Home Qualified/Retirement There are NO New Retirement Rules

There are NO New Retirement Rules

by My Journey to Millions

I truly believe that there was no good old days whether we are talking about life in general or personal finances so when I saw the article titled, “7 things to know about the ‘new retirement’” I knew it was going to be terrible.  It didn’t disappoint.  I found the article on CNBC, but seems to be written by Dana Dratch at Bankrate.

Can anyone tell me if any of these rules are new:

  1. You are on your own
  2. Start planning Early
  3. Money Can be Accessible
  4. You can Contribute to an IRA
  5. Consider Health Care
  6. Prepare to work longer
  7. Think Beyond the money

Was there ever a time you weren’t on your own? Was planning early ever a bad idea? Did anyone ever say money shouldn’t be accessible? Of course I can contribute to an IRA (obviously the ridiculous slideshow doesn’t talk about situations where the IRA contribution may not be deductible).  Oh wait a minute I am NOW supposed to think about health care? If I don’t have enough, I will have to work longer…I never knew that to be true back in the day.  and finally I will throw something in because it has nothing to do with this terrible article, but 7 sounds better than 6.

Retirement, in it of itself, is a new institution because Humans didn’t retire, we just sort of died.  Notwithstanding, who the hell approved this list? It could have been published yesterday, 10 years ago or 20 years ago prior to the internet and it would read the same.

Is all my stuff gold? NO WAY, but I don’t get paid to write nor do I have editors that approve my stuff…although maybe I should lol. I am shocked CNBC which has fantastic content would allow this drivel to grace its pages.

Am I wrong? are any of these rules “new”?

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Driesenga 05/17/2012 - 11:21 am

Does any of the journalism today actually title their topics in an accurate way? Not many as that does not sell. Investing for retirement is really pretty easy to understand, it is just hard to execute on.

Evan 05/18/2012 - 2:19 pm

Do you think it is intentional? OR are they just dumb?

krantcents 05/17/2012 - 2:29 pm

Good points! I think I would add one, It is up to you. If you do not take care of yourself, but expect anyone els will either. Maybe that reduced it to one rule.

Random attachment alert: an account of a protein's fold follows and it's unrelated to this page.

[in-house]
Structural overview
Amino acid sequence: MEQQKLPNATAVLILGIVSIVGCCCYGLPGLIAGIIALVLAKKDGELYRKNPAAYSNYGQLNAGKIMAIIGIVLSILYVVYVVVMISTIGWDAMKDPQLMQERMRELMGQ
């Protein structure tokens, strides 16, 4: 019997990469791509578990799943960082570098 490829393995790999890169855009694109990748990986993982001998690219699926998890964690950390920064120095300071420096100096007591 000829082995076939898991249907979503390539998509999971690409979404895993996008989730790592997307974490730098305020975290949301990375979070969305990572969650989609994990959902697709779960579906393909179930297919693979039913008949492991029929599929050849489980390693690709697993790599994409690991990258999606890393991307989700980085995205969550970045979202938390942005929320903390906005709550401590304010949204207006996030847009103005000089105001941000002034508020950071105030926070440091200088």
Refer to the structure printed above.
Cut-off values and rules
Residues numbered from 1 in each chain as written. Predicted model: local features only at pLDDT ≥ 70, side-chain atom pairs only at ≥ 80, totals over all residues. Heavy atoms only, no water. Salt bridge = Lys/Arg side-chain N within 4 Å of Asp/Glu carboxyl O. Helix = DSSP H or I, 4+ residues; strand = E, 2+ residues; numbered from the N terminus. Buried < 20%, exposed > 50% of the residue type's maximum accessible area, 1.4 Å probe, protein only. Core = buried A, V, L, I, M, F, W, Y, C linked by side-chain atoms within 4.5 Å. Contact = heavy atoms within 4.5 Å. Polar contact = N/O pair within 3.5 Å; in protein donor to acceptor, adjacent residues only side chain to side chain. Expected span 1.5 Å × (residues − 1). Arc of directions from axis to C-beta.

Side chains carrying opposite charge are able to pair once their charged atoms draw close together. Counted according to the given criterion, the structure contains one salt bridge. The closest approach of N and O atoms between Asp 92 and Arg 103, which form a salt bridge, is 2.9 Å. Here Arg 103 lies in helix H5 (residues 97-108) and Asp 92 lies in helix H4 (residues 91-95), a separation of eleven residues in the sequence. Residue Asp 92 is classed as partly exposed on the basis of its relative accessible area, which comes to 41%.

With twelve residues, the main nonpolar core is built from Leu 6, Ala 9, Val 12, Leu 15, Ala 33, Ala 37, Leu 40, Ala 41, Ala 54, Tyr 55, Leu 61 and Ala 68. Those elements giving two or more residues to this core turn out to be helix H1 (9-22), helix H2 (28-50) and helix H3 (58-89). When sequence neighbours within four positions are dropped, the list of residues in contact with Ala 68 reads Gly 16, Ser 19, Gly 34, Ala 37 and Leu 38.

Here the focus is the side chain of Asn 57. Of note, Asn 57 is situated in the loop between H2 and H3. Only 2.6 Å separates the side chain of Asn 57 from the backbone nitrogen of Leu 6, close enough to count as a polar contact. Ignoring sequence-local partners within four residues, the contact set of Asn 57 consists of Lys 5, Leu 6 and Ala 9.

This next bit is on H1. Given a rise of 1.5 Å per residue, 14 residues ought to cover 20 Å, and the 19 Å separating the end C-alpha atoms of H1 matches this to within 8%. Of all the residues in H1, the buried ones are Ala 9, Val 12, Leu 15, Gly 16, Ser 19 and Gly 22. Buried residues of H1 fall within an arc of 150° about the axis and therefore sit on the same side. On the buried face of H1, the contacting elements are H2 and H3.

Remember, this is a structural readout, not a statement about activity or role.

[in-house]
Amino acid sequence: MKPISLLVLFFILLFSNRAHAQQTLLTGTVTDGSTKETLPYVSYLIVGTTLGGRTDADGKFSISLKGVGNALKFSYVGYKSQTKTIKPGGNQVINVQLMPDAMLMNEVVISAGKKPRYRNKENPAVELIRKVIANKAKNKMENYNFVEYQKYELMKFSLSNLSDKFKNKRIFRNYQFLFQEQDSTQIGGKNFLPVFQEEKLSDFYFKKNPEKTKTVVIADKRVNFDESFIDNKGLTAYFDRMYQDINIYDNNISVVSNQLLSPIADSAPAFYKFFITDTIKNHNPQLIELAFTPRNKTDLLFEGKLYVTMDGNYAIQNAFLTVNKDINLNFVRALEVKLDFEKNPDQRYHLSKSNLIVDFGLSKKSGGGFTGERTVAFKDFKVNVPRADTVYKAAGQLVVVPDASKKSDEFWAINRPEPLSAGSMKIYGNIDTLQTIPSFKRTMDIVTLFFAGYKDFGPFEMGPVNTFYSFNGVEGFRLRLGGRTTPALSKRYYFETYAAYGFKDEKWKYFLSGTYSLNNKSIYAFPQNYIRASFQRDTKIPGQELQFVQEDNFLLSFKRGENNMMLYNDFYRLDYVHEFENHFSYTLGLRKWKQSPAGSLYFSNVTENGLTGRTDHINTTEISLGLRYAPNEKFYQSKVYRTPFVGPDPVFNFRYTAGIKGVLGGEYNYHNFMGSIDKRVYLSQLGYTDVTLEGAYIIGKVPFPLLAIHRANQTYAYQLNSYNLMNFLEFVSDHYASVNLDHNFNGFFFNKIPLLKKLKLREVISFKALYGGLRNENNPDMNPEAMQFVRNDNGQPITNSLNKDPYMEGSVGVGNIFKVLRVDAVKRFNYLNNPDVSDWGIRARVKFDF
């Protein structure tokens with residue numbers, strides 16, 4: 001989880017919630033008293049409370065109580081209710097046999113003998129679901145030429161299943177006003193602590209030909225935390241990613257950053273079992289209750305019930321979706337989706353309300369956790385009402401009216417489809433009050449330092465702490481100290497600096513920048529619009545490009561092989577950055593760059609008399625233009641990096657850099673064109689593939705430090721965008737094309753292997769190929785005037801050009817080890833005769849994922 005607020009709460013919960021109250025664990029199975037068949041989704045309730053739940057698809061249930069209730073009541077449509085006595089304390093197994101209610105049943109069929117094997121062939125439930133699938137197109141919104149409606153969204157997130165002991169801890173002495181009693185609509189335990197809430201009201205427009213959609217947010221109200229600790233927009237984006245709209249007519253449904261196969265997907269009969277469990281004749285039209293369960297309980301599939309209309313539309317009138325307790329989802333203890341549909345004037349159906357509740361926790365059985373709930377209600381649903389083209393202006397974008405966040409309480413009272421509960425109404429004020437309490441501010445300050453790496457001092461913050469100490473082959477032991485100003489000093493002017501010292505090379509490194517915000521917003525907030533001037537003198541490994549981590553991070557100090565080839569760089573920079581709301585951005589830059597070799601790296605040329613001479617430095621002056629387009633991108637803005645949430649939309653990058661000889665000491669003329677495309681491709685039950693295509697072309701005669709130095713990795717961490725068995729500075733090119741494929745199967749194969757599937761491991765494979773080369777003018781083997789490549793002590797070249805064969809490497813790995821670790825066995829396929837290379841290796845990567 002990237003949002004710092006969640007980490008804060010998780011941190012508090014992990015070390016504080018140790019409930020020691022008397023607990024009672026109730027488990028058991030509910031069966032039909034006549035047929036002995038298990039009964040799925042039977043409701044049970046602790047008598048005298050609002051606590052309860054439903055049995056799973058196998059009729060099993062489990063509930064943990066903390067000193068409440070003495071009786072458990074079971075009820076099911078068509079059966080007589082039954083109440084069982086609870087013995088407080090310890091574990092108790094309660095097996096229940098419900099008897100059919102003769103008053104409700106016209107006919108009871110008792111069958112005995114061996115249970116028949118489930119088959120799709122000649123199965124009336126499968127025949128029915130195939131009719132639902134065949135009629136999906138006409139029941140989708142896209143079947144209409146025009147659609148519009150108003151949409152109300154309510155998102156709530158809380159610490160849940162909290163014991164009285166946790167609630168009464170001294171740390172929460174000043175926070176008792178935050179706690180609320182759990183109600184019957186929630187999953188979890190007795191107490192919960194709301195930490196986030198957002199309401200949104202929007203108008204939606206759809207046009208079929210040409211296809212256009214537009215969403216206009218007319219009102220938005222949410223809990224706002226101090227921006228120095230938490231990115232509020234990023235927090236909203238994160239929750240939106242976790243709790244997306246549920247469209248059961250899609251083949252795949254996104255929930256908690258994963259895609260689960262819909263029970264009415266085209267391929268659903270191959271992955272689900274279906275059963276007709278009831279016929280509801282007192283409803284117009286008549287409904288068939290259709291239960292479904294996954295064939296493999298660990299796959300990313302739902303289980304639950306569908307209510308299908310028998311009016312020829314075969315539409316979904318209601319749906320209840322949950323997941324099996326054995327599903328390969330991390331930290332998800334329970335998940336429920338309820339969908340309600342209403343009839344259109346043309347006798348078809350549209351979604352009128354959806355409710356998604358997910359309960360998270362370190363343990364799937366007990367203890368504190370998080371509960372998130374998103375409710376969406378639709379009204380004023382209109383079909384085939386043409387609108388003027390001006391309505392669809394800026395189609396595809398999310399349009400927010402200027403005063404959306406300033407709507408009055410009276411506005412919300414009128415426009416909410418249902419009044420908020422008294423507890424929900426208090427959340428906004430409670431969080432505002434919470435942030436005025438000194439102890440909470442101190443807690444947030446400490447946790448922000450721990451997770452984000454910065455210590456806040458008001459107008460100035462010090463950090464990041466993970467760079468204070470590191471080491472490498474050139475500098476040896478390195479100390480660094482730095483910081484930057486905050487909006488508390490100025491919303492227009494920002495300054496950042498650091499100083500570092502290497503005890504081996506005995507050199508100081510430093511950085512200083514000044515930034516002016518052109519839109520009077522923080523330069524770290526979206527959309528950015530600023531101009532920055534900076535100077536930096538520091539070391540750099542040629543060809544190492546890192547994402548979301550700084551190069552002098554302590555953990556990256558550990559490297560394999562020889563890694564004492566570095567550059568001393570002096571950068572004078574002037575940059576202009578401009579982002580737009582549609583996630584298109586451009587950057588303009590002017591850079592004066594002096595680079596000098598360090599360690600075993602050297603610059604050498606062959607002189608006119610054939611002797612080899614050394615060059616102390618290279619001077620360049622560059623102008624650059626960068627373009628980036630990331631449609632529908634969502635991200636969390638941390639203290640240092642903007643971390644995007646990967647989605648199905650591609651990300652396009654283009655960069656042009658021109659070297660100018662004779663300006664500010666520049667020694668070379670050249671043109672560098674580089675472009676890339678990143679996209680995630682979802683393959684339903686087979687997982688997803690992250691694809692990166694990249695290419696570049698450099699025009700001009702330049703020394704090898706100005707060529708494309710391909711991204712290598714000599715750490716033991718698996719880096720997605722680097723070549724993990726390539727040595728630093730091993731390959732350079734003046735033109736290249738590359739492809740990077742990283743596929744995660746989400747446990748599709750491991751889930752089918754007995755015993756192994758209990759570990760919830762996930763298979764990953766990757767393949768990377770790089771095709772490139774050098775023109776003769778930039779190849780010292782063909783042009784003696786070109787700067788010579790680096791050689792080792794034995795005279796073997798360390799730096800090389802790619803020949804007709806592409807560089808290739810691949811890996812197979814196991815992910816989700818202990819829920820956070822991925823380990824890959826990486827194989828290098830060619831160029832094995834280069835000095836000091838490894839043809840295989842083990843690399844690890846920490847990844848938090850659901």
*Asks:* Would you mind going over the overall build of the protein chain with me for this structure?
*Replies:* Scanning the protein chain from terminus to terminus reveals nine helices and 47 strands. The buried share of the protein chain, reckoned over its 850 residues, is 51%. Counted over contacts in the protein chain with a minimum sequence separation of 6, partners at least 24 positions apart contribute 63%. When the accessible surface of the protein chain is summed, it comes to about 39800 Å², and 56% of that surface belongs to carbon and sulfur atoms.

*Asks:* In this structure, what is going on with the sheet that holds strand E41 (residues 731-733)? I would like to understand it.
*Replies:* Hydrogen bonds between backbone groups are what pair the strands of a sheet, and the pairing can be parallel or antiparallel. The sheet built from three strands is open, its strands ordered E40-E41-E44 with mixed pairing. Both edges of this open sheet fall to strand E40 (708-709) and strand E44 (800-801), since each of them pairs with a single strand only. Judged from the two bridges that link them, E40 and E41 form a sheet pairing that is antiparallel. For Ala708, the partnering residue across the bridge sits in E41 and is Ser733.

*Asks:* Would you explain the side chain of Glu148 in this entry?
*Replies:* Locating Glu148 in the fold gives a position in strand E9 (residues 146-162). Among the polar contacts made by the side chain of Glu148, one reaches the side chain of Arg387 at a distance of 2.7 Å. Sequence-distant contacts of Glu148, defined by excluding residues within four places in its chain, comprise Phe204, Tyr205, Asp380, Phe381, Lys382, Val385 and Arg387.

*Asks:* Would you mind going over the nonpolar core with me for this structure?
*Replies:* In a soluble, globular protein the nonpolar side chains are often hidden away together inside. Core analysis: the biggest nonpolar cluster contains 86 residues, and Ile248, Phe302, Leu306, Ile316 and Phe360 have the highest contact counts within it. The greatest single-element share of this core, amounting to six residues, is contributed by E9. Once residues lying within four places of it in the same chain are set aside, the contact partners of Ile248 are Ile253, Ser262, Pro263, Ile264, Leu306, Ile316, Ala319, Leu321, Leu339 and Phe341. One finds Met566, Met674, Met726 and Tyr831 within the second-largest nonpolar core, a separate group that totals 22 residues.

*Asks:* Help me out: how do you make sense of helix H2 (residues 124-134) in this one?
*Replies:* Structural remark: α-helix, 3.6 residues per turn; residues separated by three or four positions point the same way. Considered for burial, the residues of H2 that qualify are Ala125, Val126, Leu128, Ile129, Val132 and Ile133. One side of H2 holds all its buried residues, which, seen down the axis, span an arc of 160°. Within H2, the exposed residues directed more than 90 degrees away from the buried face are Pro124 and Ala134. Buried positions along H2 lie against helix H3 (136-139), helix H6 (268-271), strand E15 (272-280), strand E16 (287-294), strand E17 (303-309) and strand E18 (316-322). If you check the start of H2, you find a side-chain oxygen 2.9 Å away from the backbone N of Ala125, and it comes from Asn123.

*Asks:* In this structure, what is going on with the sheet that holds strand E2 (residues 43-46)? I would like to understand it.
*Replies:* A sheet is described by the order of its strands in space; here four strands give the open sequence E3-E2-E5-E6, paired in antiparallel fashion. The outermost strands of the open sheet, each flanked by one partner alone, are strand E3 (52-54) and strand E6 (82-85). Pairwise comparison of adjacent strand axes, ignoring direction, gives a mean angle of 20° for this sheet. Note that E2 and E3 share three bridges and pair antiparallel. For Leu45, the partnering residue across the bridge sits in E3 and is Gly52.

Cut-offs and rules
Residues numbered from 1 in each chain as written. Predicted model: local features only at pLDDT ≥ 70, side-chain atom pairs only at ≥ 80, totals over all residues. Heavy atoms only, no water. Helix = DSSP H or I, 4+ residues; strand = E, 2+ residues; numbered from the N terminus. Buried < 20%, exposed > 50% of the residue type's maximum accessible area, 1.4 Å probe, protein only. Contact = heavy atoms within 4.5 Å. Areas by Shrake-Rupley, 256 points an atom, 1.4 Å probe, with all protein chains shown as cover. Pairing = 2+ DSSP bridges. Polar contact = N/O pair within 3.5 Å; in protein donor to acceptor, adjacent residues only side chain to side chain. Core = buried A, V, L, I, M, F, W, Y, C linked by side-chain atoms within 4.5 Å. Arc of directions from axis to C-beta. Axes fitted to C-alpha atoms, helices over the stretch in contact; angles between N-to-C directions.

Evan 05/18/2012 - 2:20 pm

but is that new? I don’t think so

Jenna 05/17/2012 - 6:10 pm

They don’t sound new to me, just practice. The sad thing is that people don’t realize these rules aren’t new and aren’t saving for retirement either. Scary!

Evan 05/18/2012 - 2:21 pm

That’s true – I guess they are new if you never heard them before LOL

Lance 05/17/2012 - 6:11 pm

Definitely not new. I hope if they are new to someone they take them seriously and get in gear to be prepared to retire.

Evan 05/18/2012 - 2:23 pm

and hopefully it isn’t too late for that person lol

gekko17 05/18/2012 - 7:57 am

Evan, maybe those 7 points are new for Dana or for 5 year old kids. In nowadays almost anybody knows about the retirement plan.

Evan 05/18/2012 - 2:23 pm

HAHAHAHA I’ll make sure my son knows them by age 6

Maggie 05/21/2012 - 1:55 pm

I disagree with Evan, and agree with the original author, Dana Dratch. I think some of the ideas ARE new, or at least newer.

Money can be accessible — Roth IRAs are a relatively recent addition to the retirement planning landscape. Money in a traditional IRA is accessible in a few very specific very limited circumstances. Money in a Roth IRA is accessible at any time for any reason, as long as you only withdraw your original contribution amounts.
That is different.

Health care: It’s much more of an issue for future retirees, for a variety of reasons. First, the cost has soared, rising a lot faster than inflation. We live longer than our parents’ generation, so that is more years in which we will need health care. The rate of Alzheimers has increased significantly, partly because we live so many more years, so the probability has increased that we will need nursing home care at some point in our life.
Example 1: Healthcare costs rise average of 5% year. Your pension provides you with healthcare, and prescription co-pays are small and affordable. You expect to live to age 75, and don’t expect to need nursing home care, and Alzheimer’s doesn’t run in the family.
Example 2: Your company’s healthcare for retirees has been changed. Now you pay 30% of the cost, and the costs rise quickly as you get older. Having survived a heart attack, you expect to live longer than your father did (his heart attack killed him), maybe to the ripe old age of 87. You have four medicines you will take for the rest of your life, and your co-pays are high. Since you will live longer, you have a greater risk of Alzheimer’s, which means you have a greater possibility you will need assisted living. You have to plan for these possible costs.

The safety net that the government has provided for the last few generations has frayed, and has big holes in it now, thanks to the TEA Party radicals. We are more on our own now than at any time since the 1930’s and the Depression. The author had that right.

Evan 05/21/2012 - 2:47 pm


The Roth IRA has been around for 14 years…not exactly new in my book.

Notwithstanding I think your healthcare contention is 100% correct. Both examples are pretty well articulated and make sense.

The last shot at the Tea Party didn’t really make any sense to me, but that’s fine.

So healthcare is the only thing she brought to the table as new.


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